MORE taxpayers’ money looks set to be pumped into a flagship public-partnership scheme designed to protect a road leading to a key industrial estate from flooding – after it flooded three times in a month.

Despite the £4.1m scheme being designed to protect Dalton Bridge and Dalton Lane, near Thirsk, from a one in 100-year flooding event, alongside a 20 per cent allowance for climate change, Dalton Lane flooded on three occasions, in February this year – just 19 months after the scheme opened.

The main access road leading to Dalton Bridge Industrial Estate, the base for major firms including including structural steel specialist Severfield, Cleveland Steel and Tubes and Wagg pet foods, was inundated for about 15 days in total.

Three successive storms – Ciara on February 8 and 9, Dennis on February 15 and 16, and Jorge from February 28 to March 1 – resulted in thousands of homes and businesses across the country being flooded as well as widespread disruption to transport and other services.

While Storm Ciara triggered exceptionally high peak river flows, most notably across northern England, Storm Dennis predominantly affected Wales and central England.

A Hambleton council report states while the scheme was designed to protect against river water from the Cod and Thacker becks, flooding from other sources such as surface water had not been thought to be a significant risk.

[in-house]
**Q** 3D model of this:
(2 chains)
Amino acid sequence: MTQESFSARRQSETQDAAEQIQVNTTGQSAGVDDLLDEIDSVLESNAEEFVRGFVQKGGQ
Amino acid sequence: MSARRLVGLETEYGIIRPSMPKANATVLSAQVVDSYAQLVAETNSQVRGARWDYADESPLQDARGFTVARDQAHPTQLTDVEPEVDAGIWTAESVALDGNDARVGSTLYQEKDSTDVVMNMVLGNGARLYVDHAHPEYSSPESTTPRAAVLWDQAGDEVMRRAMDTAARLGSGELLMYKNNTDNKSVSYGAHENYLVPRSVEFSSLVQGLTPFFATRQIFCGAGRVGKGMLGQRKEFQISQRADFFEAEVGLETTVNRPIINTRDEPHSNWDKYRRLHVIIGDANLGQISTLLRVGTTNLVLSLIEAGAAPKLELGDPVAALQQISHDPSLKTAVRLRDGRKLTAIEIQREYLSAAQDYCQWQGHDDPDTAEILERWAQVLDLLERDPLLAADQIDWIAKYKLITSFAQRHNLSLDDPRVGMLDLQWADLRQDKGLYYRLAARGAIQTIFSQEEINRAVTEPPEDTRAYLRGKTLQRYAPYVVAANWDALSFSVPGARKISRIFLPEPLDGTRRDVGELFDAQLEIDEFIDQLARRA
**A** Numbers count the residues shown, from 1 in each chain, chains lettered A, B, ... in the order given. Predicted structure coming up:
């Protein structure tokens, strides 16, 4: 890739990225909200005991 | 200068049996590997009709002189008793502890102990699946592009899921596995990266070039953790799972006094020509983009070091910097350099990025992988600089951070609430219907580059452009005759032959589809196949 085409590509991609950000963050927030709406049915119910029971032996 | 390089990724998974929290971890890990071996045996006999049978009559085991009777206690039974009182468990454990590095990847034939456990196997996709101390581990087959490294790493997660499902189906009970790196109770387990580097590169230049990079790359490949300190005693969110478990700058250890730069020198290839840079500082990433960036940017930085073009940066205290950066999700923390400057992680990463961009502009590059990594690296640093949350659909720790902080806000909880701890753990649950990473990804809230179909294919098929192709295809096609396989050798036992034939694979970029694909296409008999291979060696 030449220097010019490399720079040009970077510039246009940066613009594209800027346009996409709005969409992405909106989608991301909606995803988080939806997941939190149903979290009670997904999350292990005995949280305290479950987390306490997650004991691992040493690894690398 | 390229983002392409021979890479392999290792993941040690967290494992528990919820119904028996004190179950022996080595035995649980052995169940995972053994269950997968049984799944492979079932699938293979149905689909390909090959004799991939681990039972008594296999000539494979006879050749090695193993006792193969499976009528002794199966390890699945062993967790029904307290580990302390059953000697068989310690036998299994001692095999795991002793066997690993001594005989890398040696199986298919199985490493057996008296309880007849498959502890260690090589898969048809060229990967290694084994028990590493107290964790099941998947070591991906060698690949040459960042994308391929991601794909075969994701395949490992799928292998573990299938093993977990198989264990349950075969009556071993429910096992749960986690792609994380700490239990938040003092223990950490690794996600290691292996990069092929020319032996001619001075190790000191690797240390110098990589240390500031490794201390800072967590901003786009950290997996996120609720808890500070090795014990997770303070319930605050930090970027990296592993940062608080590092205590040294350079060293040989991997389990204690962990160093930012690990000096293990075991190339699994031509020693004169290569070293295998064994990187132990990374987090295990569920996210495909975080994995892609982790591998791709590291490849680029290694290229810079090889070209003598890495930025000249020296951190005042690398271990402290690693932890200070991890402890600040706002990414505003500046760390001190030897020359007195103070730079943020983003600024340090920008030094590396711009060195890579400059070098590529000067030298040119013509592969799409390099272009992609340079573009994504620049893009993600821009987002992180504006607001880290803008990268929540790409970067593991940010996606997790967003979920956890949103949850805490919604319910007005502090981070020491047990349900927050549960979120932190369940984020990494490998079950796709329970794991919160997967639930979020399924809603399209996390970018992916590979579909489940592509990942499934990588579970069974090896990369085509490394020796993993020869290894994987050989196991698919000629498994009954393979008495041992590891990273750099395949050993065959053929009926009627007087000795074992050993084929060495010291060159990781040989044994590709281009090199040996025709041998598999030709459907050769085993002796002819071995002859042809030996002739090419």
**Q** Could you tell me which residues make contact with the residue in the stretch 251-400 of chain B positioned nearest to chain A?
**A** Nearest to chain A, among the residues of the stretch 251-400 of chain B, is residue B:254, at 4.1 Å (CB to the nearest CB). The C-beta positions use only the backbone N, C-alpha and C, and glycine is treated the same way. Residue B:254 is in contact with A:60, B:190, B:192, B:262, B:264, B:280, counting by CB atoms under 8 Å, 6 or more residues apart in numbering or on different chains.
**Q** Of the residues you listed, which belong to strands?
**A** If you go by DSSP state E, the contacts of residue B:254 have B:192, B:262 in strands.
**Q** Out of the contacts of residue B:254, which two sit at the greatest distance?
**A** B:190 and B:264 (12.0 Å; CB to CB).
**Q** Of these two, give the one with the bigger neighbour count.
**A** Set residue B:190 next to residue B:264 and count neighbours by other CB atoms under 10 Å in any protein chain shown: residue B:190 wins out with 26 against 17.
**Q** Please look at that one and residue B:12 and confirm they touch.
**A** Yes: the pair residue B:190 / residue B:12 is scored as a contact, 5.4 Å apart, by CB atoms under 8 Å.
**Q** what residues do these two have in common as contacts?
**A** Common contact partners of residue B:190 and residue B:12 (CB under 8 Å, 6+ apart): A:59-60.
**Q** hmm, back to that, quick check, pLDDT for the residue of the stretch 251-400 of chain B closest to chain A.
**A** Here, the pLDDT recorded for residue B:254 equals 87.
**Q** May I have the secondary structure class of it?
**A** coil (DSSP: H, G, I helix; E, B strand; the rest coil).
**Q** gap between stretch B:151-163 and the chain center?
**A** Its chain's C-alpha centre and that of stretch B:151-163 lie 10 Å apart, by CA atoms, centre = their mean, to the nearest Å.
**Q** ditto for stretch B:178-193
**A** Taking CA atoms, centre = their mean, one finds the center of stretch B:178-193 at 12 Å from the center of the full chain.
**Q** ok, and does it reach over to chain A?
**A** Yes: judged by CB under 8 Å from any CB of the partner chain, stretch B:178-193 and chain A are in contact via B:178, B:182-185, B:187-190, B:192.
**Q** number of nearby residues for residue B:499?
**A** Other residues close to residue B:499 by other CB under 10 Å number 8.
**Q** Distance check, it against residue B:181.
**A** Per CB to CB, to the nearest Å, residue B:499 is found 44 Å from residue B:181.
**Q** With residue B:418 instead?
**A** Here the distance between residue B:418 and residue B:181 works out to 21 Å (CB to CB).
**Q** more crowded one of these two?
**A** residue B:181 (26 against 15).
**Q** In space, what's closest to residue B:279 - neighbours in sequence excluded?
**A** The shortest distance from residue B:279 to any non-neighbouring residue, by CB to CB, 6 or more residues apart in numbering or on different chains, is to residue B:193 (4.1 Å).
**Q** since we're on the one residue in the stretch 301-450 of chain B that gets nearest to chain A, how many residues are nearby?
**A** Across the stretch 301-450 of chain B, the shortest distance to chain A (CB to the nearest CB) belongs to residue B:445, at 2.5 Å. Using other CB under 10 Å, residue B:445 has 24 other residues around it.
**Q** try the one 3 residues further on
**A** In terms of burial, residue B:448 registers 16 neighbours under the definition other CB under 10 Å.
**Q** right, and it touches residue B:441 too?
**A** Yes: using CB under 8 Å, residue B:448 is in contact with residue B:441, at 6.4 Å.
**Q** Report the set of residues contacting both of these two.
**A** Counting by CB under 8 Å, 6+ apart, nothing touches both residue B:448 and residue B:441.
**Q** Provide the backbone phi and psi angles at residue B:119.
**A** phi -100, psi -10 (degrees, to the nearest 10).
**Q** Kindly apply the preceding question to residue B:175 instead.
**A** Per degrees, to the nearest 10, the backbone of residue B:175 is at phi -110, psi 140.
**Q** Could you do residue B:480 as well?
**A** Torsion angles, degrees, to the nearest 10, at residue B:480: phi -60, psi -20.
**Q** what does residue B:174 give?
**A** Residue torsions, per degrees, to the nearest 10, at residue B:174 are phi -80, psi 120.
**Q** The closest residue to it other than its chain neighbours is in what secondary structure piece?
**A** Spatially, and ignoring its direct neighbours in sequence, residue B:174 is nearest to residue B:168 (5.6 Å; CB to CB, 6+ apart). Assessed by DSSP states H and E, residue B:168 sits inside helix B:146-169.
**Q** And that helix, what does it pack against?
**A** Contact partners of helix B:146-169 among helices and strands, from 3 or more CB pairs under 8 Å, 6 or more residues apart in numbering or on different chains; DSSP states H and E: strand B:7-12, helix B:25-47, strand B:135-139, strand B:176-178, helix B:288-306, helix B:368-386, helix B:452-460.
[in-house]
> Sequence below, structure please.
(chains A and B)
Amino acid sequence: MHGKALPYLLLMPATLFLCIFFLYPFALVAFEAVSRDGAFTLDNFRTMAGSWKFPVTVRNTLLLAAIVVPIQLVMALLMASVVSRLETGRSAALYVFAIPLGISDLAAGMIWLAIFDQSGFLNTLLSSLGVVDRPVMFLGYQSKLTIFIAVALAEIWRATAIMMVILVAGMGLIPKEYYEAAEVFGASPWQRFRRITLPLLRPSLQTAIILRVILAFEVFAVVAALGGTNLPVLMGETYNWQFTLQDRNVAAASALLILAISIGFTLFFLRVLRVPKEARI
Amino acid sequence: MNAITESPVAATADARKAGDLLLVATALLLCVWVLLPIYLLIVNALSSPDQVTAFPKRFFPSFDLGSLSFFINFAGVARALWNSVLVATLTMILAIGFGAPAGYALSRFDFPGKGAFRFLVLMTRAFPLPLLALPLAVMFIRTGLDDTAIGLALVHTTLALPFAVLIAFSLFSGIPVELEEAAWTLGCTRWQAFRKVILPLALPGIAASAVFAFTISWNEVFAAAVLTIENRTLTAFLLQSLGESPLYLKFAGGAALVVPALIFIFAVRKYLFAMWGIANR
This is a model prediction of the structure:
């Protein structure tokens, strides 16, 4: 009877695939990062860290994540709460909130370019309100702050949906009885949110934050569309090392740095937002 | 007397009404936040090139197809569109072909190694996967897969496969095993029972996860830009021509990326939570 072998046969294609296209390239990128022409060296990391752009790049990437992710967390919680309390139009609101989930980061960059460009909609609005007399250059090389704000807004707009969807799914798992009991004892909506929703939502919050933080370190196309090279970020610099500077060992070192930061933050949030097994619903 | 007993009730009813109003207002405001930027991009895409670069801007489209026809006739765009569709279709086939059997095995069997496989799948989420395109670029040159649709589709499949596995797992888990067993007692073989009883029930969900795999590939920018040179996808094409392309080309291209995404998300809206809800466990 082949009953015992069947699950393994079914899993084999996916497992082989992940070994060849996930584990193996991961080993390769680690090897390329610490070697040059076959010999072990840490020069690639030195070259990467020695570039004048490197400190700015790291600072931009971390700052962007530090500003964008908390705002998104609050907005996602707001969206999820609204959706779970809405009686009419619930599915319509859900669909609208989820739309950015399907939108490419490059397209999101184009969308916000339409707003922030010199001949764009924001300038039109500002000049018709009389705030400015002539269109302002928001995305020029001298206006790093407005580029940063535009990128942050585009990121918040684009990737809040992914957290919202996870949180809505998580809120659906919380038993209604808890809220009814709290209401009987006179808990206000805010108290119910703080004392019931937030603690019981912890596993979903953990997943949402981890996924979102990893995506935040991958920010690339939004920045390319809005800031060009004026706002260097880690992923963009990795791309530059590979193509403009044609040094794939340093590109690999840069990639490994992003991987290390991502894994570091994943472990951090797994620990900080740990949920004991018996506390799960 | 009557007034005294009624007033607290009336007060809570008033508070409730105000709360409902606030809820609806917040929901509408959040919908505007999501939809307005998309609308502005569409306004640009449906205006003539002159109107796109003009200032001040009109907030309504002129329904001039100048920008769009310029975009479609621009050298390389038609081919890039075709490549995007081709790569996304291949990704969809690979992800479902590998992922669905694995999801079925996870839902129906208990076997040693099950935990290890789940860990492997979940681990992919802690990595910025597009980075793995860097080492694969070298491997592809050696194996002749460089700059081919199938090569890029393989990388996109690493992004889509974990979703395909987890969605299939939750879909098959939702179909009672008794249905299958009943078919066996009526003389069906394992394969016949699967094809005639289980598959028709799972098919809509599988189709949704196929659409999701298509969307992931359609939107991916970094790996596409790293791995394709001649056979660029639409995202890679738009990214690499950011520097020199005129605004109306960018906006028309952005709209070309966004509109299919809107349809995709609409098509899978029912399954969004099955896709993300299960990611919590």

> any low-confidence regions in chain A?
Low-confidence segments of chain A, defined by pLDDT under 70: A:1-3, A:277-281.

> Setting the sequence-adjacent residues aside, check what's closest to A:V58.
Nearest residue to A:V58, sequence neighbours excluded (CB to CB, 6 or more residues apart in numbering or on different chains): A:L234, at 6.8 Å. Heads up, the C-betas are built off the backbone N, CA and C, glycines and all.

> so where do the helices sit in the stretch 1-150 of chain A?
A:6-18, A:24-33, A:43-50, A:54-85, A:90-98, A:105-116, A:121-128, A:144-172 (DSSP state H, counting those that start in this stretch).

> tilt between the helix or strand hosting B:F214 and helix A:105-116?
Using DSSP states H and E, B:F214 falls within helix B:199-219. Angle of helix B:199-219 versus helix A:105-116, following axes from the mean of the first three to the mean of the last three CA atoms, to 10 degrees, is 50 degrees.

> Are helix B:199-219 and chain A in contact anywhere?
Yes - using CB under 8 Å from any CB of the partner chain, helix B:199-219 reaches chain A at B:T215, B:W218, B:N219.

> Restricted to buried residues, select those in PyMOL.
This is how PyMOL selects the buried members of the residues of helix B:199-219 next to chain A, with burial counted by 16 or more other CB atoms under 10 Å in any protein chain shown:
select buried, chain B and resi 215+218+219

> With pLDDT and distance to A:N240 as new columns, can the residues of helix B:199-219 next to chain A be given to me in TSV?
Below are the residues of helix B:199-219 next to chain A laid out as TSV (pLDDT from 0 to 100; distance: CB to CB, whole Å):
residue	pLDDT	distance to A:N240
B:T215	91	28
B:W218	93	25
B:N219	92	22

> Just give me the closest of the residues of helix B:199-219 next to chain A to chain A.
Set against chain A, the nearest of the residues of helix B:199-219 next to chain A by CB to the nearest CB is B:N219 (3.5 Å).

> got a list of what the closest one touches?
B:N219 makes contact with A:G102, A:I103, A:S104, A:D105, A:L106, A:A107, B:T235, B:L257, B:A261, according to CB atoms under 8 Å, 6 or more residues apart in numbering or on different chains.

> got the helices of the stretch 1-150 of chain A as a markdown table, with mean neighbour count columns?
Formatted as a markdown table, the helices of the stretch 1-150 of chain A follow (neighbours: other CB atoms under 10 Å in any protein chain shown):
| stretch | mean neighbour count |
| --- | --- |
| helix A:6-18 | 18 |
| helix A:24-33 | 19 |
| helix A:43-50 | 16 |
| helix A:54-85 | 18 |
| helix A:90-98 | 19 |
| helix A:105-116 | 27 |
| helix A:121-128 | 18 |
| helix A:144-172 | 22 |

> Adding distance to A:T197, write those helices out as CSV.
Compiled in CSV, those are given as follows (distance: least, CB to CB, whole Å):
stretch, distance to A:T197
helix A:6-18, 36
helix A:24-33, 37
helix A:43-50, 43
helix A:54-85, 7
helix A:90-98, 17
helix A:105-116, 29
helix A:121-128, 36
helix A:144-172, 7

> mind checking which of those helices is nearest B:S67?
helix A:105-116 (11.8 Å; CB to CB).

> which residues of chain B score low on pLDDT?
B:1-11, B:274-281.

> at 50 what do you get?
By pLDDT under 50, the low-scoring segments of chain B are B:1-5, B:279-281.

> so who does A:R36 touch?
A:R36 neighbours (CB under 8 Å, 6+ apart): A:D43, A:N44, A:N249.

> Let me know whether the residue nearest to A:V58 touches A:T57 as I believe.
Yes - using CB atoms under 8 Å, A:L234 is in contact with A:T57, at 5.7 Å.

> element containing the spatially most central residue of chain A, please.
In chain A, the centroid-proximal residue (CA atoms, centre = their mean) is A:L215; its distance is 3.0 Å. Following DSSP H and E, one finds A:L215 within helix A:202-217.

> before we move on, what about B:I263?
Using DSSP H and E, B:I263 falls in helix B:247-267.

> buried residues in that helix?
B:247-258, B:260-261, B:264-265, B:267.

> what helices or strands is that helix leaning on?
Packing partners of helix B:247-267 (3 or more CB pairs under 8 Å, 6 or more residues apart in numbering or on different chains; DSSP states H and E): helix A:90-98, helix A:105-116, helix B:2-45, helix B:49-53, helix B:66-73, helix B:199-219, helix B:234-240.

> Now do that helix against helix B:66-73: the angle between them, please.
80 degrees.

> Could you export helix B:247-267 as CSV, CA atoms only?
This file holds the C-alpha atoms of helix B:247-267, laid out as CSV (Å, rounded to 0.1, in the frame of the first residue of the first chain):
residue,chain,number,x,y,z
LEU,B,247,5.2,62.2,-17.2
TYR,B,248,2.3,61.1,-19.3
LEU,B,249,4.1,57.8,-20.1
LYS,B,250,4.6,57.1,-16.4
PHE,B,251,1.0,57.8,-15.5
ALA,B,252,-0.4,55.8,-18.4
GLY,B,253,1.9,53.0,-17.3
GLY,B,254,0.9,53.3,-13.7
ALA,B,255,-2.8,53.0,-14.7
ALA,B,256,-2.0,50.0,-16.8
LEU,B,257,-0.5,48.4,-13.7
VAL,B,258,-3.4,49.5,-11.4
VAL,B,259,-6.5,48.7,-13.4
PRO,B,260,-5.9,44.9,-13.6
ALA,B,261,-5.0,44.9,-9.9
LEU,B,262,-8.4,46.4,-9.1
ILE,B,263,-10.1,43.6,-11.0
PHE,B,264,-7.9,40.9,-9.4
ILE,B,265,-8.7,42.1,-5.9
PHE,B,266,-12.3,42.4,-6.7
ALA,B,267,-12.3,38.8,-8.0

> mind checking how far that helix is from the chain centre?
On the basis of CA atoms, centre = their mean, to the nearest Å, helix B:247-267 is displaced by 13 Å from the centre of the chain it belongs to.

It states an inquiry into the February flood events revealed various defects with the road drainage pipes “due to poor workmanship such as unsealed connections, open joints and sections of crushed pipe”, drainage pipes forming a “choke point”, and possible flood water piping beneath the flood banks.

It concluded the issues, combined with extremely high levels of groundwater, explained the flooding in February.

The report stated a “robust and comprehensive solution” to the issues would be to raise Dalton Lane to the same level as the embankments, which would cost up to £300,000. The report has proposed Hambleton council pays 50 per cent of the remedial works.

When it opened, businesses on the estate had said with the road raised 2.4m above the previous one they could assure customers they would be able to deliver products 365 days a year.

The firms had provided £1.5m for the scheme alongside £1.8m from the publicly-funded North Yorkshire Local Enterprise Partnership and £300,000 contributions from both Hambleton District and North Yorkshire County councils.

It said such a scheme should “give confidence that it covers all potential sources of flooding”.

Councillor Mark Robson, Leader of Hambleton District Council, welcomed the report and said the February storms had been “relentless and unprecedented”.

He added: “I welcome the comprehensive investigation report along with the solid recommendations which will safeguard us against a weather event like this in the future.”